I think it is helpful to remember that Isaiah spoke to the people of Judah and Jerusalem more than 2,700 years ago, when the Assyrian Empire was the dominant power and they lived in its shadow. Foreign invaders, political instability, and an endless string of crises formed the context for Isaiah’s proclamation of joy. The people to whom he was sent lived in a world that was unpredictable and out of control. Yet Isaiah told them to give thanks and to shout for joy. Visit any news outlet or watch any news broadcast and you cannot help but sense the similarities of our world with theirs. The details are different: Isis was not a threat to ancient Judah; the Assyrian Empire is not in our headlines. BUT, the news reminds us that there are always events happening on a global scale, out of our reach and beyond our control. There are always threats to the global economy and our national security. There are also personal dangers, such as disease, job loss, and the loss of a loved one. Always, there are things that try to dominate us and remain outside of our control. It is no small challenge, then, to face these forces and proclaim: “Surely God is my salvation; I will trust, and I will not be afraid.”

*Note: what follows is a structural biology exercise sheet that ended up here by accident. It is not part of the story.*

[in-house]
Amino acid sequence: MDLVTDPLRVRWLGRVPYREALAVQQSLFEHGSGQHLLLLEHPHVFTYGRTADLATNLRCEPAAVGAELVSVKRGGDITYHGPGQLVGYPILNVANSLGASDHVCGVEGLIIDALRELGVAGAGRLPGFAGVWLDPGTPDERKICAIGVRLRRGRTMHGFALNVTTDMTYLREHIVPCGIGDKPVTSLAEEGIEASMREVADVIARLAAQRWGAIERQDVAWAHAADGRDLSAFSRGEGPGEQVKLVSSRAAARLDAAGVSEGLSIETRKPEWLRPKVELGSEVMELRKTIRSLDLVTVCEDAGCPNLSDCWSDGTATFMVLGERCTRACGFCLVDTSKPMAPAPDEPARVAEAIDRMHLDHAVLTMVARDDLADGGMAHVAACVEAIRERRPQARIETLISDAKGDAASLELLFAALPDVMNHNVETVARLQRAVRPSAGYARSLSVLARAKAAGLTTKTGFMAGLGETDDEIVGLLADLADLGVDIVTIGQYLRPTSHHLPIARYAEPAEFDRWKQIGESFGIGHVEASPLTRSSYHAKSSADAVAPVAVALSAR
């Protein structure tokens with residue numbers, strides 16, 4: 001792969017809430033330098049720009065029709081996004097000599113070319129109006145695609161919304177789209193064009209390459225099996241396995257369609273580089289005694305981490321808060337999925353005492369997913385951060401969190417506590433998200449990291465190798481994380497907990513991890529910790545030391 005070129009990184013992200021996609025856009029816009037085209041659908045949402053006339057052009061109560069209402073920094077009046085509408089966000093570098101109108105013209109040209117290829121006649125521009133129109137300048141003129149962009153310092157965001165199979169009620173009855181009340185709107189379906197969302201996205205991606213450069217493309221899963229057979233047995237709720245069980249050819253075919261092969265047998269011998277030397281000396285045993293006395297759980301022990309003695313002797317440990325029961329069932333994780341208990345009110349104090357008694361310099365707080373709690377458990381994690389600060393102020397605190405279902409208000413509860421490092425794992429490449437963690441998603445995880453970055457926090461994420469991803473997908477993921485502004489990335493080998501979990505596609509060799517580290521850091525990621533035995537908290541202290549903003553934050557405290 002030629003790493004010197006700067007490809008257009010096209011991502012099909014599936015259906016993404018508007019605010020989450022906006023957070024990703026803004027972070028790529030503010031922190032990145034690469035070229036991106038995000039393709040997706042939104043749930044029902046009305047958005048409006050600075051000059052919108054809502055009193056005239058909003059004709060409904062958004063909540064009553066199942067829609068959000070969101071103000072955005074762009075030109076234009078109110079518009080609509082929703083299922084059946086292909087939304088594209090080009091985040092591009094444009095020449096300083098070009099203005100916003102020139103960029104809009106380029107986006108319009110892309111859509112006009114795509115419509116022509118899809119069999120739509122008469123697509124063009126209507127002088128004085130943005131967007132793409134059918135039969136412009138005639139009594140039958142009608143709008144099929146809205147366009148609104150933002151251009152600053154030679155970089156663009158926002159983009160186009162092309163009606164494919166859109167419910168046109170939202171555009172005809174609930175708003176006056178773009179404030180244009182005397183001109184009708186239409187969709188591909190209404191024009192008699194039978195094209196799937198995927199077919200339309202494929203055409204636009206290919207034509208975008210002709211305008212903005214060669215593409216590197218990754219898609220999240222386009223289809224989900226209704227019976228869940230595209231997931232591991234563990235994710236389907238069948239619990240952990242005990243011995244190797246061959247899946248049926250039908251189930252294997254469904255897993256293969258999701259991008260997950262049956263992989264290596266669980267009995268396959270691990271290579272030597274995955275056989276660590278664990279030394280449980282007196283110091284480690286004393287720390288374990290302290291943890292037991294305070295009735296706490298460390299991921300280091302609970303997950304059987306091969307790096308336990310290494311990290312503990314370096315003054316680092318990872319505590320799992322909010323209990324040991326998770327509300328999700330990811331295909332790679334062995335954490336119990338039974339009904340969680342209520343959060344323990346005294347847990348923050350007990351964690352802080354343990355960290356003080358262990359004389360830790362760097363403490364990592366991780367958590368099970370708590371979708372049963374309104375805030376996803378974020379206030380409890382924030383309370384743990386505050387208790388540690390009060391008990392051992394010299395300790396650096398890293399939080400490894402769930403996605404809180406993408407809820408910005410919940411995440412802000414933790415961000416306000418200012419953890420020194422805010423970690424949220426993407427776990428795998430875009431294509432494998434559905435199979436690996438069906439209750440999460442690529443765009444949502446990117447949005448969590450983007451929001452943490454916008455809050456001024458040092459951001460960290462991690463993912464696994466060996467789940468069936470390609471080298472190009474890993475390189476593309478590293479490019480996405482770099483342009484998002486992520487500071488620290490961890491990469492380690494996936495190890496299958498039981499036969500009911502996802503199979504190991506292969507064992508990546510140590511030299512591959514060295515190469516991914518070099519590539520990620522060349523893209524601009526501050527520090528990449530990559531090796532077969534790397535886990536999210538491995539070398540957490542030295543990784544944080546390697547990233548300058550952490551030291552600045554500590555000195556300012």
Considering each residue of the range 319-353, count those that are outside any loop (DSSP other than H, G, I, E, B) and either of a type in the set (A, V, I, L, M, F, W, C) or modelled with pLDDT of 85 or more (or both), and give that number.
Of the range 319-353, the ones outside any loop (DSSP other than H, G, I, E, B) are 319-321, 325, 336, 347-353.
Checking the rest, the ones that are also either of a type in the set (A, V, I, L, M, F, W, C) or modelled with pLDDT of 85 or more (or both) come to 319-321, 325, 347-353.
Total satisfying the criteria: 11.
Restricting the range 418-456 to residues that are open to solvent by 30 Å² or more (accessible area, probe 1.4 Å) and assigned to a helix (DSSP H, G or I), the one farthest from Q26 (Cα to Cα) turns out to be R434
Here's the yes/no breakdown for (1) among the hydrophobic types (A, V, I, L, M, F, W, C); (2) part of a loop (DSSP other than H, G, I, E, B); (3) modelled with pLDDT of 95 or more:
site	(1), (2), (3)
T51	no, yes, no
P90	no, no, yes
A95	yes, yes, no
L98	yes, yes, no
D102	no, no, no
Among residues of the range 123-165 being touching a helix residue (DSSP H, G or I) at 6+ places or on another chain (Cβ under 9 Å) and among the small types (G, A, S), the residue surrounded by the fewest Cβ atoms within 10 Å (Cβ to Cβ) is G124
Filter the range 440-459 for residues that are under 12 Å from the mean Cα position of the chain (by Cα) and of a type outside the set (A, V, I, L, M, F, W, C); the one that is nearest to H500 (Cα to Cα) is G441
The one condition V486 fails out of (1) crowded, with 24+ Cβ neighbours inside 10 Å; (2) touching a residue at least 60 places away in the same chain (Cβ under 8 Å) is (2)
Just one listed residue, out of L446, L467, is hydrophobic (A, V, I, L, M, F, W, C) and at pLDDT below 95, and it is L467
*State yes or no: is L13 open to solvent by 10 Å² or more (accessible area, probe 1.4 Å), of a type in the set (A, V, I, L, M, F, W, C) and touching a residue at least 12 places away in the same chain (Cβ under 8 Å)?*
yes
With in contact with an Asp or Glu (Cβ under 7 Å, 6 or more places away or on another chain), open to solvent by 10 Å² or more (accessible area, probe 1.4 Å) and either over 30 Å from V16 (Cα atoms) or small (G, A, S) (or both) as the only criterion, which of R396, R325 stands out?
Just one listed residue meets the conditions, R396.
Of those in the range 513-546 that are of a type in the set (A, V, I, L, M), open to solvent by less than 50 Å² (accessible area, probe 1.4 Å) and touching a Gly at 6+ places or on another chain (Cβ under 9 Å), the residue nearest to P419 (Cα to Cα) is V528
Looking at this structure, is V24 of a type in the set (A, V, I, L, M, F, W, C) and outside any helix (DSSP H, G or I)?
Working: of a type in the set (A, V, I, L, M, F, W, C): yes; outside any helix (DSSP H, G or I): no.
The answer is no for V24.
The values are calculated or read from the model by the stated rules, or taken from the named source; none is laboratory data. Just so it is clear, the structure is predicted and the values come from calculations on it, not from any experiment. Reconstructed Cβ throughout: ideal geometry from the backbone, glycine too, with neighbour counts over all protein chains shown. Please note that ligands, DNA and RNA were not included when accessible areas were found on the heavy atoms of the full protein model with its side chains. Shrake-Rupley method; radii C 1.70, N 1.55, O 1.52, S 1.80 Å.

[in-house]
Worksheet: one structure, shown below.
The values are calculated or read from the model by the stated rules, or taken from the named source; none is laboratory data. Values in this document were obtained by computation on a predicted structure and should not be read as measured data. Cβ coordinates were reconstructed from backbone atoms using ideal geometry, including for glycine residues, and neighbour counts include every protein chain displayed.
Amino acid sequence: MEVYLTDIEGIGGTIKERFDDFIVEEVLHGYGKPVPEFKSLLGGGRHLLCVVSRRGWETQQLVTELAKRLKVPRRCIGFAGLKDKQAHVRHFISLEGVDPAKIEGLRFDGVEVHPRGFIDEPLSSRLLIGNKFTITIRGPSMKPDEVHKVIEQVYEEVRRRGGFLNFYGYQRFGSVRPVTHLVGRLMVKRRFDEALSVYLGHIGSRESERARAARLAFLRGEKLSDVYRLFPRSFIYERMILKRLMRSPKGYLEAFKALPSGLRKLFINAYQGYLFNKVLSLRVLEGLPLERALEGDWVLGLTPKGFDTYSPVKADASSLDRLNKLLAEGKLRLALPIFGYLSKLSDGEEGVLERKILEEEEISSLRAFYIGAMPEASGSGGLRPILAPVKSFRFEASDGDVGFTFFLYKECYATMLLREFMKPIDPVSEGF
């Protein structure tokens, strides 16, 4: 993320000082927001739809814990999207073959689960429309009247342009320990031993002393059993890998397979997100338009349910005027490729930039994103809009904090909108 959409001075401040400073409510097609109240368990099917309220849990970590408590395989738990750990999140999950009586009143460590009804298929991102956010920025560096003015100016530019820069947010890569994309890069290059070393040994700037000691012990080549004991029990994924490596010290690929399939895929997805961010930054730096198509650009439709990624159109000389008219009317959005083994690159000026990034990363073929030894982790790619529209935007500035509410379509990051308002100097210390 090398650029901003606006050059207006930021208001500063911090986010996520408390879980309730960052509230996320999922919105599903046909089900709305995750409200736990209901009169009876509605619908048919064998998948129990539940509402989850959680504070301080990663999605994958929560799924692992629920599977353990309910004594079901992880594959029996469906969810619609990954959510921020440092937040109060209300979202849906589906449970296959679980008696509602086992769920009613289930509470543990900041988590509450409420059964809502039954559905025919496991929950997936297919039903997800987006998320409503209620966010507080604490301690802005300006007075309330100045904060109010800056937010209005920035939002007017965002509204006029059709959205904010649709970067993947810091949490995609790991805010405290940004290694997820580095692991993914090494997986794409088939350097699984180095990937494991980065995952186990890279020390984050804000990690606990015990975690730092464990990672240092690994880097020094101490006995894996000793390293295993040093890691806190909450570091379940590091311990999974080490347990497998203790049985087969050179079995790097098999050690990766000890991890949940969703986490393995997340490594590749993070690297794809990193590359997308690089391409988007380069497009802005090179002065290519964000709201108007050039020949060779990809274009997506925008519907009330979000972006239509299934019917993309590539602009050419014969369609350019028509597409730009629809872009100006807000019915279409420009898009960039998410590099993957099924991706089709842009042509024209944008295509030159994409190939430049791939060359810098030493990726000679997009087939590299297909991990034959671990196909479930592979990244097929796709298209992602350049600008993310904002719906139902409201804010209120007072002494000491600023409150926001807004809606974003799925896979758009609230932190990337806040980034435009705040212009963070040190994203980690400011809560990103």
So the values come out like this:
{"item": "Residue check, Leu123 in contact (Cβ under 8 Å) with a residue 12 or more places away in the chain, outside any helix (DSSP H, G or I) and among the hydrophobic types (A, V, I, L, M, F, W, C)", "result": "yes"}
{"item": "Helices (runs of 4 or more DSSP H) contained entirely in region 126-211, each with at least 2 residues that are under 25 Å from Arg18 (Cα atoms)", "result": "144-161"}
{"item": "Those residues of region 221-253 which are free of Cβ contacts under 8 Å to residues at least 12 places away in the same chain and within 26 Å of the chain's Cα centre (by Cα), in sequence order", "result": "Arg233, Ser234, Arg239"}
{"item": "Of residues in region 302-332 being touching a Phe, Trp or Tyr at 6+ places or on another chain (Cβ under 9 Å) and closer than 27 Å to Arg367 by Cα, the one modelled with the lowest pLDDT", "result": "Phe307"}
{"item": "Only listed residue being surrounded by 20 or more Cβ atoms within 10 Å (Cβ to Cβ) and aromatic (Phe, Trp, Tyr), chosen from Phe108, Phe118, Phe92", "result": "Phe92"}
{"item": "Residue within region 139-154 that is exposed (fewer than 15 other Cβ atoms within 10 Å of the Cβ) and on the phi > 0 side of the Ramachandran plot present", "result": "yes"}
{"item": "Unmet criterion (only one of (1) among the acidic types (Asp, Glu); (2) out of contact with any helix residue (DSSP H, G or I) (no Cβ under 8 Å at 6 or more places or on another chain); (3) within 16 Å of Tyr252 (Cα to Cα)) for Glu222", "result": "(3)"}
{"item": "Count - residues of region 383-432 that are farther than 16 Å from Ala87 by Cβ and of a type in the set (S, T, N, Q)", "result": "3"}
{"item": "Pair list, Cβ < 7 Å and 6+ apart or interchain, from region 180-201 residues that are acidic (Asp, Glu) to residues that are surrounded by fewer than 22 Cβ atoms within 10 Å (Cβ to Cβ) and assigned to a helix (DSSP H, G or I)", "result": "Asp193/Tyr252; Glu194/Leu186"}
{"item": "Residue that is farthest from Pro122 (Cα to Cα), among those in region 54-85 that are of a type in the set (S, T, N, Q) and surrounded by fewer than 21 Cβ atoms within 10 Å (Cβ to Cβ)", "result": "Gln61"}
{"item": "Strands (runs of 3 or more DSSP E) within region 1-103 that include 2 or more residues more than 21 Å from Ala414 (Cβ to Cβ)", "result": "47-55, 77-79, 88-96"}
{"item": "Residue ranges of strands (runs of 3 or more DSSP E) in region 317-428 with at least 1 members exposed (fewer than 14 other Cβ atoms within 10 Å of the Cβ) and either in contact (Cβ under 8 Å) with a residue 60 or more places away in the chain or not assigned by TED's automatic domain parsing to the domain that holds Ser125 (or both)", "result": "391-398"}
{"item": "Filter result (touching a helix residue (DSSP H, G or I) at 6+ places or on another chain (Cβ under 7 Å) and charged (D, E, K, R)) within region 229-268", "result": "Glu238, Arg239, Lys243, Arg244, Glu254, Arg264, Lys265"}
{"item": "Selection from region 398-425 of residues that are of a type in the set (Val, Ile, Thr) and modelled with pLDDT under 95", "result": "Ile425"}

It is also important that we notice the structure of Isaiah’s words in this passage. The “you” in verse 1 is a singular pronoun. “In that day YOU will say…God is my strength…and I will not fear.” The image here is of an individual who faces daunting odds and finds strength and courage in the realization that nothing here is strong enough to defeat God. In verse 4, the “you” is a plural pronoun, suggesting that we do not stand alone in our struggles. We are joined by a chorus of voices, fellow believers, who give thanks to the Lord, call on his name, and shout for joy! Together we can “make known his deeds to the nations and proclaim his name is exalted.” It is our association with a community of faith that witnesses to God’s saving deeds in the world. Being part of a group that has shared feast and famine, elation and loss, laughter and tears – this strengthens us all and knits us together. This communal witness draws others to us who also need and want to “draw from the wells of salvation.”